A hockey staple in the South Okanagan for the past eight years won’t be returning for 2019.
On Thursday, the Vancouver Canucks announced that they were putting the Young Stars Classic on ice this year due to a lack of participating NHL teams. That came after the Winnipeg Jets announced on Wednesday they were leaving Penticton for the Rookie Showcase in Belleville, Ont.
That reduced the Young Stars to just one NHL team: the Canucks. When the tournament began in 2010, it had five.
Yet, one Penticton resident is hopeful the tournament will return.
Andrew Jakubeit was the lead organizer in Penticton for the Young Stars Classic. Jakubeit also runs a record store in Penticton — Grooveyard — and was the city’s former mayor.
“It’s certainly disappointing it’s not taking place in 2019,” Jakubeit said on Saturday. “We’ve had eight years of great success and something to be proud of.”
The showcase’s economic impact to Penticton was approximately $2 million a year. Many current NHLers have played in the Okanagan tournament including Connor McDavid, Leon Draisaitl, Mark Scheifele, Brock Boeser, Taylor Hall, Ryan Nugent-Hopkins, Johnny Gaudreau, Dillon Dube and Elias Pettersson.
“It was really a win-win for everyone,” said Jakubeit. “It was great for us as a host community. It was great for the teams to evaluate their players in real game environments.”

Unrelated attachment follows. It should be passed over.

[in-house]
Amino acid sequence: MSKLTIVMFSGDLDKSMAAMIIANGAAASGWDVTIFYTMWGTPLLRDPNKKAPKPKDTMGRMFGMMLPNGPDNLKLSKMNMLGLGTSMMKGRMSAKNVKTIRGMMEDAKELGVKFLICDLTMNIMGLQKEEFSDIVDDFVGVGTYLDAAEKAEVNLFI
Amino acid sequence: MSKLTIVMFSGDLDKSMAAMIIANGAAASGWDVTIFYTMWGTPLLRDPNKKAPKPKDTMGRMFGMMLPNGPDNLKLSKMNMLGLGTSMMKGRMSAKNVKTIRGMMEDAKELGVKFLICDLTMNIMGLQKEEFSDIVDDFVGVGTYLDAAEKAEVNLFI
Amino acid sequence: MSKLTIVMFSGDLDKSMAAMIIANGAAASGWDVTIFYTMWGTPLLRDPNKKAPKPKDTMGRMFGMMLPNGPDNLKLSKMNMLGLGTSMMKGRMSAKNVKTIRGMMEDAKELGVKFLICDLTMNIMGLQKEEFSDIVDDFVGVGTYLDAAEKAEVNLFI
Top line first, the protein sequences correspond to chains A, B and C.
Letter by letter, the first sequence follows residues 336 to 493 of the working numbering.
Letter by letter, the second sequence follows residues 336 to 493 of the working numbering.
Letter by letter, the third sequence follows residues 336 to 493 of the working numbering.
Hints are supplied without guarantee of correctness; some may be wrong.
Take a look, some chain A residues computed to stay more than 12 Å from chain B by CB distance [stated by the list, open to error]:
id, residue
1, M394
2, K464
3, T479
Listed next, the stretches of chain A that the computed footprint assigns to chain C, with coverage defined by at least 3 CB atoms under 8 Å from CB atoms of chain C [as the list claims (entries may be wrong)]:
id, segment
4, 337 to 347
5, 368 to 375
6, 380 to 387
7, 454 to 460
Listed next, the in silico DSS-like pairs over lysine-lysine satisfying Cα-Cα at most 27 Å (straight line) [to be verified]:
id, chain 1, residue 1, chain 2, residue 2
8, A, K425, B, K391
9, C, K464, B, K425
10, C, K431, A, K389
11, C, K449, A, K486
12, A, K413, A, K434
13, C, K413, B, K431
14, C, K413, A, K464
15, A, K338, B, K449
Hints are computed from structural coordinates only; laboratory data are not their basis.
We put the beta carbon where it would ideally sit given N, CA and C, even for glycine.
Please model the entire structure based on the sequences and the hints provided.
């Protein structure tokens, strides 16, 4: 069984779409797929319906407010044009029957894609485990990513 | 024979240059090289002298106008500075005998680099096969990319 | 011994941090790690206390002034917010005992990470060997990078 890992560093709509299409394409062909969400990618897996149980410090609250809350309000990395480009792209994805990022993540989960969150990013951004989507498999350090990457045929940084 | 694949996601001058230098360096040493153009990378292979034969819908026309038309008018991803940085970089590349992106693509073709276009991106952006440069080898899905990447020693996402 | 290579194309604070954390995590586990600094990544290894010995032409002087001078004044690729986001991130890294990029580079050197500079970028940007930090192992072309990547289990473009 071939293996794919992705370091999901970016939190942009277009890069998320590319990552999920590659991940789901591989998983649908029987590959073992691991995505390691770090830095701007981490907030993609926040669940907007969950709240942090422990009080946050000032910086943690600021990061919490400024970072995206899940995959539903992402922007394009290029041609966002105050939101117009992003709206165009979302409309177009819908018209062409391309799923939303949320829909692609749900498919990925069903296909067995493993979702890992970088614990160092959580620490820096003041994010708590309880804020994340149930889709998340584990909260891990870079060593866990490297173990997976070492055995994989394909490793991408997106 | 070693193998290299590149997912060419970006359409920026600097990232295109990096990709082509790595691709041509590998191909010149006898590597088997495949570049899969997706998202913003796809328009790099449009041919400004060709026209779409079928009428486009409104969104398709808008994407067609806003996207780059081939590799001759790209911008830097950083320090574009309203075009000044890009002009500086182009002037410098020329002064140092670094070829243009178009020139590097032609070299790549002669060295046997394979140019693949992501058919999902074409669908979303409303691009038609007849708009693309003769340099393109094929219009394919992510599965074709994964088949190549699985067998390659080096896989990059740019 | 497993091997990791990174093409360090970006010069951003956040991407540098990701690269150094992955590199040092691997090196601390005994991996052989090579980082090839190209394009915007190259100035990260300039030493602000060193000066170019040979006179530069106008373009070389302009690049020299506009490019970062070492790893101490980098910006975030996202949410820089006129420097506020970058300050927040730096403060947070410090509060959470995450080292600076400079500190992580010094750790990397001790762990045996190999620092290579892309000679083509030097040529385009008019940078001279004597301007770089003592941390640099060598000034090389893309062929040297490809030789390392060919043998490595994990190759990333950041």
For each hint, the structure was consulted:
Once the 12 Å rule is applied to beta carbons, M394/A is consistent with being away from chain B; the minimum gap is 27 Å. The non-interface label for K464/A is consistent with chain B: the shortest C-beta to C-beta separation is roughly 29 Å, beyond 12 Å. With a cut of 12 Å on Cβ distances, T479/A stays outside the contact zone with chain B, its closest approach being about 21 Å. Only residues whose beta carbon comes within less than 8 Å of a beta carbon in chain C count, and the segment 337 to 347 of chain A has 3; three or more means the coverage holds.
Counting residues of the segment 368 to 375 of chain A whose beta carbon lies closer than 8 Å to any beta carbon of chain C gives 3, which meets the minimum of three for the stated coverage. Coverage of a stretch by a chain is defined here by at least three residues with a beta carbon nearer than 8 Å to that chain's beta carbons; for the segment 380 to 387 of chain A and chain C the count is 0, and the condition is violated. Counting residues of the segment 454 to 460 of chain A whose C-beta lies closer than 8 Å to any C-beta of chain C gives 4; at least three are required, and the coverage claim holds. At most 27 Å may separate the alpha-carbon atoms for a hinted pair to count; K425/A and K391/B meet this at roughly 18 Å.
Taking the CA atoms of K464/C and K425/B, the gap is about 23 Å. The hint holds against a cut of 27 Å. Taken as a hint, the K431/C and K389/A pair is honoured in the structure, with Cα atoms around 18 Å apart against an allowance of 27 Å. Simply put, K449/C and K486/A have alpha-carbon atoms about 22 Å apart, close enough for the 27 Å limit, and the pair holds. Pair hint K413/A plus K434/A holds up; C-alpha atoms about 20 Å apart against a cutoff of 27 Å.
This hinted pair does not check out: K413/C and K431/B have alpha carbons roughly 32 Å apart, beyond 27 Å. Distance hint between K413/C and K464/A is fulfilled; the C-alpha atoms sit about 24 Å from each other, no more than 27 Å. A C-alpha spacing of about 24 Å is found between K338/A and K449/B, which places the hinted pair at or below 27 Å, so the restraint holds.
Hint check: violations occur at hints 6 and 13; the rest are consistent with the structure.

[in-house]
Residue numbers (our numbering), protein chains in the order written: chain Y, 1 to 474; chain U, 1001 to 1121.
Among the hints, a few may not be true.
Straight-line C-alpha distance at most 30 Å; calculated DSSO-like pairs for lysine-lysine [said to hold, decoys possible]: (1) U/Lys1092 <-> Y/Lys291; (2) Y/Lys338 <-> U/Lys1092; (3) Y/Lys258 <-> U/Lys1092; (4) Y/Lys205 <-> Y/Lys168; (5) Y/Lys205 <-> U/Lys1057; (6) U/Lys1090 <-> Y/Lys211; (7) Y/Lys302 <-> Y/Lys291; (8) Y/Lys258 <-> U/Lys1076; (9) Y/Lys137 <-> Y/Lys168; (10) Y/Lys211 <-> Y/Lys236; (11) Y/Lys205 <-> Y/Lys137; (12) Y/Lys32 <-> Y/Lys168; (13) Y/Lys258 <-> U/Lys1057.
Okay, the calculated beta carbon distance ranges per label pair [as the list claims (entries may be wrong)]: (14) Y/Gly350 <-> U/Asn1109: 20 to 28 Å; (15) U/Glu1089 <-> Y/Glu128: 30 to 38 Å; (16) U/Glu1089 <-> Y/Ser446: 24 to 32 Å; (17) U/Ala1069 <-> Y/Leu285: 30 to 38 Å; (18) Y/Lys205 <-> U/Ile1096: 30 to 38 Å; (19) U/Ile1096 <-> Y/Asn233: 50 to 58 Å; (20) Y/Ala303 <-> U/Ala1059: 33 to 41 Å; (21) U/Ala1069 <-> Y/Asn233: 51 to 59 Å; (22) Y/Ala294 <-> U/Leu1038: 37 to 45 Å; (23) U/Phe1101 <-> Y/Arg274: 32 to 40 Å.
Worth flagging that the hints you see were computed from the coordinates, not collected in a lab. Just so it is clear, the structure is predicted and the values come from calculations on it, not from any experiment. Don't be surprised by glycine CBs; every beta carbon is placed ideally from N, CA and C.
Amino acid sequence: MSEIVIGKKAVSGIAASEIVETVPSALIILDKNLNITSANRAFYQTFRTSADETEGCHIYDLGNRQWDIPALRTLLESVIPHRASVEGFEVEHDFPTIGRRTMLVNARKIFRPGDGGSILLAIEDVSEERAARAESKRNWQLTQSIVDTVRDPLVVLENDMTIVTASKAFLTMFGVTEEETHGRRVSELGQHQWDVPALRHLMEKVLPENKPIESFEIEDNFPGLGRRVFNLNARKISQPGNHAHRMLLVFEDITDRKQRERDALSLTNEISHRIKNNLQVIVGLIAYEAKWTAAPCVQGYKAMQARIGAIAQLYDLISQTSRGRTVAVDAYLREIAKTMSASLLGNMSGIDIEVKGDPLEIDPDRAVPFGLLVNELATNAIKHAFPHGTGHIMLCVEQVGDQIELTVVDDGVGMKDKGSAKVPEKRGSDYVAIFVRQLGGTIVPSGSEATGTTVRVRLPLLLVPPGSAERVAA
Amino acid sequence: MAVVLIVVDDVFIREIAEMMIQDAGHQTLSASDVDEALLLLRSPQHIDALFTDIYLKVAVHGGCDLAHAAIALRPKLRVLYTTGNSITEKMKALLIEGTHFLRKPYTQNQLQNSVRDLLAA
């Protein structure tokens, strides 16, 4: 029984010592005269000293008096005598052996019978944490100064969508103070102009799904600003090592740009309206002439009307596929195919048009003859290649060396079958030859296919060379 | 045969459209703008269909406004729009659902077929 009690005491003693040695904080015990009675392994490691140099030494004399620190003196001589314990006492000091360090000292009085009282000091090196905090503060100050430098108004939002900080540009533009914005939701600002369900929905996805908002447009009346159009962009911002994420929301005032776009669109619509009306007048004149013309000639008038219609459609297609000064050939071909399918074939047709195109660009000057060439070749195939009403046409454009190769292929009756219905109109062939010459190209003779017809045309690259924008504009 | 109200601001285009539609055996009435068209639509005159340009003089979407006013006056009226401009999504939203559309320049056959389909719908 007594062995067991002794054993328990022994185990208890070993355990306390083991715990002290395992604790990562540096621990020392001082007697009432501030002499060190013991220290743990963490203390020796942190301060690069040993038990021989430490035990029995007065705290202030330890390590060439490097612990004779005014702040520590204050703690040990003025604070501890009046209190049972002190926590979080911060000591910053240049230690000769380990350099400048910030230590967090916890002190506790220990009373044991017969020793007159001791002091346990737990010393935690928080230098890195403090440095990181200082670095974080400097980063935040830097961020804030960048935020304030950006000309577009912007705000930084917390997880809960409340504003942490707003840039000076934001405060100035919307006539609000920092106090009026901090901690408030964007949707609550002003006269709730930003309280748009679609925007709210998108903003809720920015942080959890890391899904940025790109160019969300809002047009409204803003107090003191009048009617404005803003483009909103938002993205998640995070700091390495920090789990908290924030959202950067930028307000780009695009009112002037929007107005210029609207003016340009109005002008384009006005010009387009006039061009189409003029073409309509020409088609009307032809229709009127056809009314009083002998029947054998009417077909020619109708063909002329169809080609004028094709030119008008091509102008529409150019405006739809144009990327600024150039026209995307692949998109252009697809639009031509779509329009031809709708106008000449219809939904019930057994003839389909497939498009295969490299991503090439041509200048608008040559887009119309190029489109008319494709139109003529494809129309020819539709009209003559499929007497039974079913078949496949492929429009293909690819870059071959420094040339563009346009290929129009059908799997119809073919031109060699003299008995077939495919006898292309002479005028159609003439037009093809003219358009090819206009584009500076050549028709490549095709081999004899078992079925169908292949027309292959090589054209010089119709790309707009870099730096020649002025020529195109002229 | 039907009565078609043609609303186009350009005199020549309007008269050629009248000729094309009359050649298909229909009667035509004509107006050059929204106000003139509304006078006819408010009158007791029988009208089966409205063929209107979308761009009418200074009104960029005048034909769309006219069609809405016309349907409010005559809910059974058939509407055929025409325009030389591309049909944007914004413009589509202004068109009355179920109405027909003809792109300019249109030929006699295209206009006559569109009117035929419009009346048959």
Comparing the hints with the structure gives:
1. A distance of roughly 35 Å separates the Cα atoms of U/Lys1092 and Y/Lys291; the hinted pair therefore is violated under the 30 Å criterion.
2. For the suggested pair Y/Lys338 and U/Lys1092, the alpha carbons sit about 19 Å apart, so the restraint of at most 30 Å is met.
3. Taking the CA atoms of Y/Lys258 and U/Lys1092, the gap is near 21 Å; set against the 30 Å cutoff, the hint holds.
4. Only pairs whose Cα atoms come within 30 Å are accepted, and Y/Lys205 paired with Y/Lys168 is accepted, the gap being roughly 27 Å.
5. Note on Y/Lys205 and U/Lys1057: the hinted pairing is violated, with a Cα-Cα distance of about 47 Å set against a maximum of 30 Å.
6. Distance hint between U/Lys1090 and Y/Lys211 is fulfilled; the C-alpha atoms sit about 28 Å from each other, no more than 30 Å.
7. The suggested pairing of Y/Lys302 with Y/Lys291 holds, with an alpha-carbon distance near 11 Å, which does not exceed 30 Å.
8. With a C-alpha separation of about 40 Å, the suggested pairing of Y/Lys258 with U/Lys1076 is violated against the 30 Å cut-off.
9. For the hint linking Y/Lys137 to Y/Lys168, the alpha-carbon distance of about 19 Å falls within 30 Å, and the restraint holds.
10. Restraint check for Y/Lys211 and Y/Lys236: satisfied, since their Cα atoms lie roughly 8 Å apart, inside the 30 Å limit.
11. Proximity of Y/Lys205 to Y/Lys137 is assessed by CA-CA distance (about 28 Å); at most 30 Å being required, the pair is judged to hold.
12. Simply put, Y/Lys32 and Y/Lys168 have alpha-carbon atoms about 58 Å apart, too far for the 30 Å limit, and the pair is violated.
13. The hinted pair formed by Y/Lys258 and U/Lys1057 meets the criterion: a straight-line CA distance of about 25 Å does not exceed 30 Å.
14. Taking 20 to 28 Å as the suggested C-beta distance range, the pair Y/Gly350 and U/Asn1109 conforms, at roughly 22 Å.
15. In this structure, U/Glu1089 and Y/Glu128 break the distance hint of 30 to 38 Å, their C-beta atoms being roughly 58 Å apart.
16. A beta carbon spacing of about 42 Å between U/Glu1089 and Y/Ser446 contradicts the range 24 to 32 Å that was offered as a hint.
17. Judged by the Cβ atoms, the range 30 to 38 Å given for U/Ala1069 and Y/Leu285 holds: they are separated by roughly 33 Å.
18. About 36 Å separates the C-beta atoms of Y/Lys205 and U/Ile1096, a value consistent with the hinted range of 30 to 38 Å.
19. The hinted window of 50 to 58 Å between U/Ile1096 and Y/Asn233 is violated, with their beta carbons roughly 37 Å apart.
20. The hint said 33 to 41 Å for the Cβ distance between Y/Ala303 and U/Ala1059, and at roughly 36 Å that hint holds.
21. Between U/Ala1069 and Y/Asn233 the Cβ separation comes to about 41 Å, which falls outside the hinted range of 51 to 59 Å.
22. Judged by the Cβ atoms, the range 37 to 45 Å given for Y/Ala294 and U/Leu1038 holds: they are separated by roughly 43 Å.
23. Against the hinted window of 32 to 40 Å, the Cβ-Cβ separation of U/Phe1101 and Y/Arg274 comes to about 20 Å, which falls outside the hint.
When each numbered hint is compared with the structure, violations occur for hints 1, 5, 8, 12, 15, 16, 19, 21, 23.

From its inception in 2010 to 2013, the rookie showcase was a five-team tournament. Vancouver, Calgary, Edmonton, Anaheim and San Jose took part in the inaugural event, with Anaheim leaving in 2011 and Winnipeg taking the Ducks’ place.
From 2014 to 2017, it was a four-team tournament between Vancouver, Calgary, Edmonton and Winnipeg.
In 2018, though, the Flames and Oilers left — opting for Red Deer, Alta. — reducing the tournament to the Canucks and Jets plus two Canadian university teams.
The Rookie Showcase in Belleville, from Sept. 6 to 9, will also feature the Ottawa Senators and Montreal Canadiens.
Looking ahead, Jakubeit is hoping the Young Stars will rotate every two years between Albert and B.C., adding “we are certainly optimistic for the event to return.”
Notably, Seattle’s NHL team will commence play in 2021-22. That fits nicely with a Young Stars tournament in 2021, though that’s admittedly pure speculation from this journalist. Maybe Seattle will host its own rookie tournament or the Oilers and Flames host a popular, multi-team tournament in Alberta.
Still, it’s hard not to overlook the impact Seattle’s NHL team will have on southern British Columbia. For Vancouver residents, it’s roughly a two-hour drive to the Emerald City. For Okanagan residents, it’s around four hours to Vancouver or five hours to Seattle.
But if the Penticton tournament is revived, having Seattle in the mix would be fantastic for hockey fans in B.C. and Washington.
“With Seattle coming on, that would be a potential for a good draw,” said Jakubeit. “I think Seattle would be a natural and good rivalry for Vancouver, and that will draw a lot of interest in the Pacific Northwest.
“Hopefully in the future, there is an opportunity for teams to come back to Penticton and we can carry on with the Young Stars tradition.”